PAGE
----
DOE funds loans for weatherization and new training opportunities

Programs for energy auditors and installation technicians, which start this fall

By Ramona du Houx

August 27th, 2010 

altThe State’s Home Energy Savings Program offered cash rebates up to $4,000 on weatherization retrofitting last summer. Add federal tax incentives of up to $1,500, and anyone could save $5,500 to weatherize their home.

“Preapproved weatherization projects that reduce fuel usage for heat and hot water by 25 percent are eligible for up to $1,500 in rebates, while those that achieve energy savings of 50 percent or more are eligible for up to $3,000,” said Michael Stoddard [right] executive director of Efficiency Maine Trust, during an energy event attended by federal and State officials, including Governor John Baldacci.

That’s when Stoddard announced the summer special of an addition of $1,000 cashback. The response has been overwhelming.

Contractors are booked. Some are finding it hard to meet the demand. Before the $1,000 bonus started on June 1, the Efficiency Maine Trust tallied 53 energy audits a month. The number jumped five times after the bonus was added to the $3,000 cash incentive that took effect last January. Over 1,000 people have taken advantage of the offer.

To be eligible homeowners must have an energy audit performed by a certified auditor. Eligible improvements include: insulation and air sealing, energy-efficient replacement windows, high-efficiency heating and hot-water equipment, including solar water heaters, programmable thermostats, and water-saving devices. When the project is done, the homeowner mails in a form to receive the cash rebate check.

Recovery Act funds used in this offer gave momentum to the state’s goal to weatherize all homes and half of Maine businesses by 2030. The State’s goal remains, so the Efficiency Maine Trust encourages more people to retrofit. Although the extra $1,000 bonus ends, the program should continue. And there are other programs like PACE available.

Last spring the DOE approved another $30 million to jumpstart the Property Assessed Clean Energy (PACE) program, which helps property owners pay for energy improvements by loans that are paid back incrementally through their property taxes. The idea is for homeowners, who want to improve their homes with weatherization but can’t afford an outright loan from the bank, to take out a PACE loan that is paid back when they pay their property taxes, over a long period of time. Because of the savings they make through weatherization, the homeowner spends the same amount on heating and property taxes combined. Over time, after the loan is repaid, the homeowner continues to benefit from the energy savings.

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Governor Baldacci speaks at an energy conference with officials of DOE in attendance. photo by Ramona du Houx
“Maine is one of the smallest states in population, but one of the biggest states in terms of leadership. Maine plays a major role in this national issue. This is my fourth visit to the state, and that’s because I keep coming back to recognize another great program started here,” said Gil Sperling from the U.S. Department of Energy, at the energy event during the summer. “We decided to challenge states to come up with programs that would progress retrofitting nationwide. Maine had a top-quality application. The state is a pilot and a real model for others to follow.”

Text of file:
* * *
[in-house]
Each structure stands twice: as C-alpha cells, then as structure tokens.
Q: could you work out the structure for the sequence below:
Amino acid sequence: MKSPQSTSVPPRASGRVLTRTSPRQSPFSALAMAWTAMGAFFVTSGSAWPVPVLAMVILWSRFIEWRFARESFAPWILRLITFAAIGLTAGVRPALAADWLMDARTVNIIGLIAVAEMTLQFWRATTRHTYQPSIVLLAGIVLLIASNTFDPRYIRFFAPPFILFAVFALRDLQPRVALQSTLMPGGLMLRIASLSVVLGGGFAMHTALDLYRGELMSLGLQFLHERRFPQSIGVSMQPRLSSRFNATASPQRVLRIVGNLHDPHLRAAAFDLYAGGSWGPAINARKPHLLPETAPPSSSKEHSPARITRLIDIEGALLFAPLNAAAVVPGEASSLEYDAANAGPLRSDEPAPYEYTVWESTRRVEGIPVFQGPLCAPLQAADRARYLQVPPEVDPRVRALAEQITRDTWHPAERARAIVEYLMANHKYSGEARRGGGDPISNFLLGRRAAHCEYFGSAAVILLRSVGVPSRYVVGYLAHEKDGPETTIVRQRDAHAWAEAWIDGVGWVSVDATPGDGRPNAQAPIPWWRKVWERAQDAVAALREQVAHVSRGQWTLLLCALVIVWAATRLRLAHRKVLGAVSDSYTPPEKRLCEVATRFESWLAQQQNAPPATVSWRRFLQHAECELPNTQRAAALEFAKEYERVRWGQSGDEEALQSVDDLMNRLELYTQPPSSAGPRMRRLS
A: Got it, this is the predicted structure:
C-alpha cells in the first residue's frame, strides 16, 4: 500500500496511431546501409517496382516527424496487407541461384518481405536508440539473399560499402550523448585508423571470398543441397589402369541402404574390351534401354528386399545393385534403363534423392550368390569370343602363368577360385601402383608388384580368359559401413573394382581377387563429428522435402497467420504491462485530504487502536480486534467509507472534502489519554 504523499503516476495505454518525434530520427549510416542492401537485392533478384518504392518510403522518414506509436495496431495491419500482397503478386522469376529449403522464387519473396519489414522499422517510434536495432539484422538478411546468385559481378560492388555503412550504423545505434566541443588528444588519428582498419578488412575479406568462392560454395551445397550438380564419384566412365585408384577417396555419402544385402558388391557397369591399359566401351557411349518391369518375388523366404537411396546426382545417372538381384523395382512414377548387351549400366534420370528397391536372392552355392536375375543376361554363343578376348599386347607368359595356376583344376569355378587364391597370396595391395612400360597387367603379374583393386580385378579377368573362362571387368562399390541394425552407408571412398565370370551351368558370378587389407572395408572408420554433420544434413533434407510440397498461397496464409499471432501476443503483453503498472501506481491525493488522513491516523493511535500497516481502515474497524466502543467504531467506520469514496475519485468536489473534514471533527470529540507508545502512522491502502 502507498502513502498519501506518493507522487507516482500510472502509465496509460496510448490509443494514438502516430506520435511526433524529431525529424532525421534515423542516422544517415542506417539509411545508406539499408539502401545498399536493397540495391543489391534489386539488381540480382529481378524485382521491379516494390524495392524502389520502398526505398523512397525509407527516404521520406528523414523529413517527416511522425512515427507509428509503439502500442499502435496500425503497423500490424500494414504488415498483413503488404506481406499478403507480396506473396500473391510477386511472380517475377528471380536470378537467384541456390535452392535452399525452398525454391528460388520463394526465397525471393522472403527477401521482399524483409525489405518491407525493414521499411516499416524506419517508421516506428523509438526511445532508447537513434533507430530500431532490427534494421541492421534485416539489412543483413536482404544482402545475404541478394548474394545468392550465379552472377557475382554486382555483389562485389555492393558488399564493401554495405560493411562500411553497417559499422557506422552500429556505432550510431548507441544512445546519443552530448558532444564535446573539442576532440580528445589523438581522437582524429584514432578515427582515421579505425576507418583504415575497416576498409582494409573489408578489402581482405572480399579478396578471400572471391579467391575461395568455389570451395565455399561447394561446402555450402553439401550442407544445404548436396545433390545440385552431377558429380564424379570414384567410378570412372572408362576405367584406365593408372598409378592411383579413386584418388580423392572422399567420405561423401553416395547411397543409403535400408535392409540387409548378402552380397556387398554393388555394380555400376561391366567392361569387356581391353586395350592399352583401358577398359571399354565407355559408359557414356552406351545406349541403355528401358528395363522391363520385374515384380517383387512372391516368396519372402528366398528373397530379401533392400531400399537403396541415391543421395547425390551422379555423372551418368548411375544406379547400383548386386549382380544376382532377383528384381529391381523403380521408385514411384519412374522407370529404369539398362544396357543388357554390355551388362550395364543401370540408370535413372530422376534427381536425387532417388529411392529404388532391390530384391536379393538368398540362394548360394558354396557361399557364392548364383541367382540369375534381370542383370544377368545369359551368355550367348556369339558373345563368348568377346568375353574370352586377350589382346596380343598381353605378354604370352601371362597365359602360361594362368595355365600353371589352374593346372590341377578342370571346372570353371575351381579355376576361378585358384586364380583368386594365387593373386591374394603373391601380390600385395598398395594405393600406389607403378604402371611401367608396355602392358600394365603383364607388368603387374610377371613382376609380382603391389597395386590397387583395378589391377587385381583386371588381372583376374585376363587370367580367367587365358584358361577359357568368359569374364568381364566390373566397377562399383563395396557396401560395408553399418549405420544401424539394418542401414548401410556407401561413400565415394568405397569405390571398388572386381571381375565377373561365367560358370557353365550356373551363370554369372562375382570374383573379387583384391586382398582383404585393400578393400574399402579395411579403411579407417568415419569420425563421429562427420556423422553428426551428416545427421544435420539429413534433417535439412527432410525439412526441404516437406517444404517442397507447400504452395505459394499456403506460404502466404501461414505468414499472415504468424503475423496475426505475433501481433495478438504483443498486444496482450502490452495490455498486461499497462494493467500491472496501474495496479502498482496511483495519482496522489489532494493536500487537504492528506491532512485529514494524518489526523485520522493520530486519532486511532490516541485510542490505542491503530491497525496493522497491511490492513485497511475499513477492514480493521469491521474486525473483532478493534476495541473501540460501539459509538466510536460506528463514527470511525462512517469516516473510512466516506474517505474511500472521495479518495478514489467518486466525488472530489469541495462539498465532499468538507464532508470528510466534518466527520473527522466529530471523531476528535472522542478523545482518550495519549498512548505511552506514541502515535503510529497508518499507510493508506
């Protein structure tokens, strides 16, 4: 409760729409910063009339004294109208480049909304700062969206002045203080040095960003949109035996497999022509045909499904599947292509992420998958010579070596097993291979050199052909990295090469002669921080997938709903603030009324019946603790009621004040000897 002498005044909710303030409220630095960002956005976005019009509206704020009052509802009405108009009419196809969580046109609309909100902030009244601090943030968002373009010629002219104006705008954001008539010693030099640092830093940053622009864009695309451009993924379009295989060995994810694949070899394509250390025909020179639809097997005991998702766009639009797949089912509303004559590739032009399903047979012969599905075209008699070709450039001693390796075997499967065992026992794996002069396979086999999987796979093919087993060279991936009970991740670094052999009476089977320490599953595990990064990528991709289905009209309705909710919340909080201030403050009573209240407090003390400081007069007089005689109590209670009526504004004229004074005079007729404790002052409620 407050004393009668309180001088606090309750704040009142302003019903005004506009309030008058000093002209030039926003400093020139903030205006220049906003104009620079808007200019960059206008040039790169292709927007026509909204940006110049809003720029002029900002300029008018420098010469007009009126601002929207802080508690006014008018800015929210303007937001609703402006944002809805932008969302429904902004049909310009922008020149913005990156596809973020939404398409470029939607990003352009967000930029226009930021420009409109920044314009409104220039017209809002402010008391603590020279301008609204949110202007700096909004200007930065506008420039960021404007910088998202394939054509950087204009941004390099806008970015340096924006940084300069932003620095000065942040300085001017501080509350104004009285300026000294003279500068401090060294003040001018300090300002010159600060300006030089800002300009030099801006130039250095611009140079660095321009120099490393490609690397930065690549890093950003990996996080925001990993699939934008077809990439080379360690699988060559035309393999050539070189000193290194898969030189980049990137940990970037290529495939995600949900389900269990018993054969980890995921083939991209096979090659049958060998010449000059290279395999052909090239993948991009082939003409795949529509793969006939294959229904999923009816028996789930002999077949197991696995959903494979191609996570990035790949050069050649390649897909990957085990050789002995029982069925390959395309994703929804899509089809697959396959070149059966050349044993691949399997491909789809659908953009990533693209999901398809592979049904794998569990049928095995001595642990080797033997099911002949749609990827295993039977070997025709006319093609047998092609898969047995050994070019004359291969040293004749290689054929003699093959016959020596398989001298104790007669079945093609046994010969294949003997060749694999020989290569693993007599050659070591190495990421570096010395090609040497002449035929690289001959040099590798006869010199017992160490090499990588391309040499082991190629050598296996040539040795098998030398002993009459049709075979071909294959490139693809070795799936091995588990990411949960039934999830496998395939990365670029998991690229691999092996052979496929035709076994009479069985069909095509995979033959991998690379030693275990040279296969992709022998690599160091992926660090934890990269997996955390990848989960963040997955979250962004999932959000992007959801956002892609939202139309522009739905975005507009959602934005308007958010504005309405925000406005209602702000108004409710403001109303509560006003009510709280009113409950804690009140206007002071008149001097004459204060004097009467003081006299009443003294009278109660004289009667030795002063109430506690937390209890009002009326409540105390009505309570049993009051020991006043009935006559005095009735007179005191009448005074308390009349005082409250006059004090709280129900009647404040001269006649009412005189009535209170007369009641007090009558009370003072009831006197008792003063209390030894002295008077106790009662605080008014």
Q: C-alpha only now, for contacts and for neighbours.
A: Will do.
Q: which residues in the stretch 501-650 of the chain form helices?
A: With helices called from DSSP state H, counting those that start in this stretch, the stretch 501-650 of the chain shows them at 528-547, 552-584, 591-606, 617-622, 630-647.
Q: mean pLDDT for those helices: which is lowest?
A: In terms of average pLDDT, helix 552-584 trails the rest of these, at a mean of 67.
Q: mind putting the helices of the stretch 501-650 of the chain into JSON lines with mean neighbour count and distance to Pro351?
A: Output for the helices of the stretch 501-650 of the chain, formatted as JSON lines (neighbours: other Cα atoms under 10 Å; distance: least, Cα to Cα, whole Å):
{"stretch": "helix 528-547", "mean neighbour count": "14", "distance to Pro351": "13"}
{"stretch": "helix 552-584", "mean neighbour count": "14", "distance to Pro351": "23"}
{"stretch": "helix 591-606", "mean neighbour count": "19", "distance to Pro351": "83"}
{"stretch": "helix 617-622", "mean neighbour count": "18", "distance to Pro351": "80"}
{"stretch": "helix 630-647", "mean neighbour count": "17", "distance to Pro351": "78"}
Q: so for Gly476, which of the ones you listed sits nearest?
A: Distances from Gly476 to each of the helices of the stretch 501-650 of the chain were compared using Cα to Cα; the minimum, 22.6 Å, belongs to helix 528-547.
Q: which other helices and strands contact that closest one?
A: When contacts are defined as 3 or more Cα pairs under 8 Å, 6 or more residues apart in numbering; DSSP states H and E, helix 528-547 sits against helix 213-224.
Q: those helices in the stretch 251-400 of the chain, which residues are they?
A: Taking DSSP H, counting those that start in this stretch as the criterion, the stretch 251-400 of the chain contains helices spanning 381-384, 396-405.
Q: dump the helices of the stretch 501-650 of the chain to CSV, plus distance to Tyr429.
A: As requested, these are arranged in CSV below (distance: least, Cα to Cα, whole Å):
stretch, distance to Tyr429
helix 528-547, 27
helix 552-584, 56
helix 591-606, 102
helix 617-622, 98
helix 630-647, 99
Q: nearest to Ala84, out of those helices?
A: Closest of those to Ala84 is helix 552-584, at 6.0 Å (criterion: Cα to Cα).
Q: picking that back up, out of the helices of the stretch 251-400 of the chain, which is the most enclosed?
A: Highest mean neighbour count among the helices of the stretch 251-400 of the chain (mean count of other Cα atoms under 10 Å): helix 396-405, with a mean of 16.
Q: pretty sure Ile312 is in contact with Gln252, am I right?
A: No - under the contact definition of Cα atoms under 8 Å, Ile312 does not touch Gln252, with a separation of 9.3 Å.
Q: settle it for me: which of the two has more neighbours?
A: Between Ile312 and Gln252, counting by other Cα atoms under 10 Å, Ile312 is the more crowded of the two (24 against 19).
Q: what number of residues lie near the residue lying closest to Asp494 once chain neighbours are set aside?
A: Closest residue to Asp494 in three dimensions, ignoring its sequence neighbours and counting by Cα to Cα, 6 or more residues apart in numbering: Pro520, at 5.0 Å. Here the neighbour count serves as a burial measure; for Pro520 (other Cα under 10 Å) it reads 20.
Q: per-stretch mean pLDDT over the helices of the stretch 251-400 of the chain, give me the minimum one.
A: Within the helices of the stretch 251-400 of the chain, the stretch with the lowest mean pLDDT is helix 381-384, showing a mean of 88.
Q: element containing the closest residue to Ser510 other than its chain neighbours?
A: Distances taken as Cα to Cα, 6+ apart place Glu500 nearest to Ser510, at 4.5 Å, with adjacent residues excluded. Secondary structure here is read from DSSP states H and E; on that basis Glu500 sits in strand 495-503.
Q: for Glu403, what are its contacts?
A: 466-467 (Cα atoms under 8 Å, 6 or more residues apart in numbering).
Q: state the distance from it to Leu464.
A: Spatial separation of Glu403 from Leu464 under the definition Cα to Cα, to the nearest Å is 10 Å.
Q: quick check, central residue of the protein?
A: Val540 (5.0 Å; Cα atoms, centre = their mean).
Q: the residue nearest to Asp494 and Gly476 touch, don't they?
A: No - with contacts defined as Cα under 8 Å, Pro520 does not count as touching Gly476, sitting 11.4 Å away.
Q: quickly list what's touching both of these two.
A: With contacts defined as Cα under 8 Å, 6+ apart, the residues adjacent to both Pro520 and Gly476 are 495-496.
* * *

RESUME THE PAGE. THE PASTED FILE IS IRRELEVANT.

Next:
The governor said that MaineHousing’s long experience with the department’s Weatherization Assistance Program and the partnerships it has established with the State’s Community Action Agencies were key factors in ramping up the State’s weatherization efforts, along with training already in place.

“Maine has one of the oldest housing stocks in the nation, 86 percent of our homes are heated with oil. Dependence on unstable foreign energy is dangerous for our economy, environment, and national security,” said Governor Baldacci. “There’s a better way. The hard-earned money that flows out of our state to oil companies could stay here at home in our economy. People could be saving money from retrofitting and enhance their quality of life.”

The number of firms offering weatherization and retrofitting services is growing.

The State will expand training and certification programs for auditors and installation technicians with an award of $880,000 by the DOE to create three weatherization training centers in Maine. The centers will be located at KVCC, Southern Maine Community College, and Washington County Community College. The programs start this fall.

Dale McCormick, director of the Maine State Housing Authority, said, “The average cost in Maine for an energy audit and weatherization work is about $8,000. Follow-up audits estimate that the work is cutting energy use in homes by 38 percent.”

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Michael Stoddard, director of Efficiency Maine Trust. photo by Ramona du Houx
The average Maine household now spends $2,400 a year on heating costs. The average oil-heated home burns 800 gallons a year.

“All of these resources made available through the federal government are spurring us on to do even more work, because we have an administration that is supporting our initiatives,” said the governor. “Now we will get the funds out to the businesses and workers and begin more training, so we can lift our economy. And with offshore wind opportunities, we will build our green-energy manufacturing base.”

“We have hundreds of thousands of homes in Maine that need to be weatherized. We will be doing this work for some time,” said Stoddard.

Programs at Energy Efficiency Maine and MaineHousing are available for all income levels.

A full list of eligible improvements and eligibility requirements are found on Efficiency Maine’s web site, http://www.efficiencymaine.com/mainehomeperformance.htm.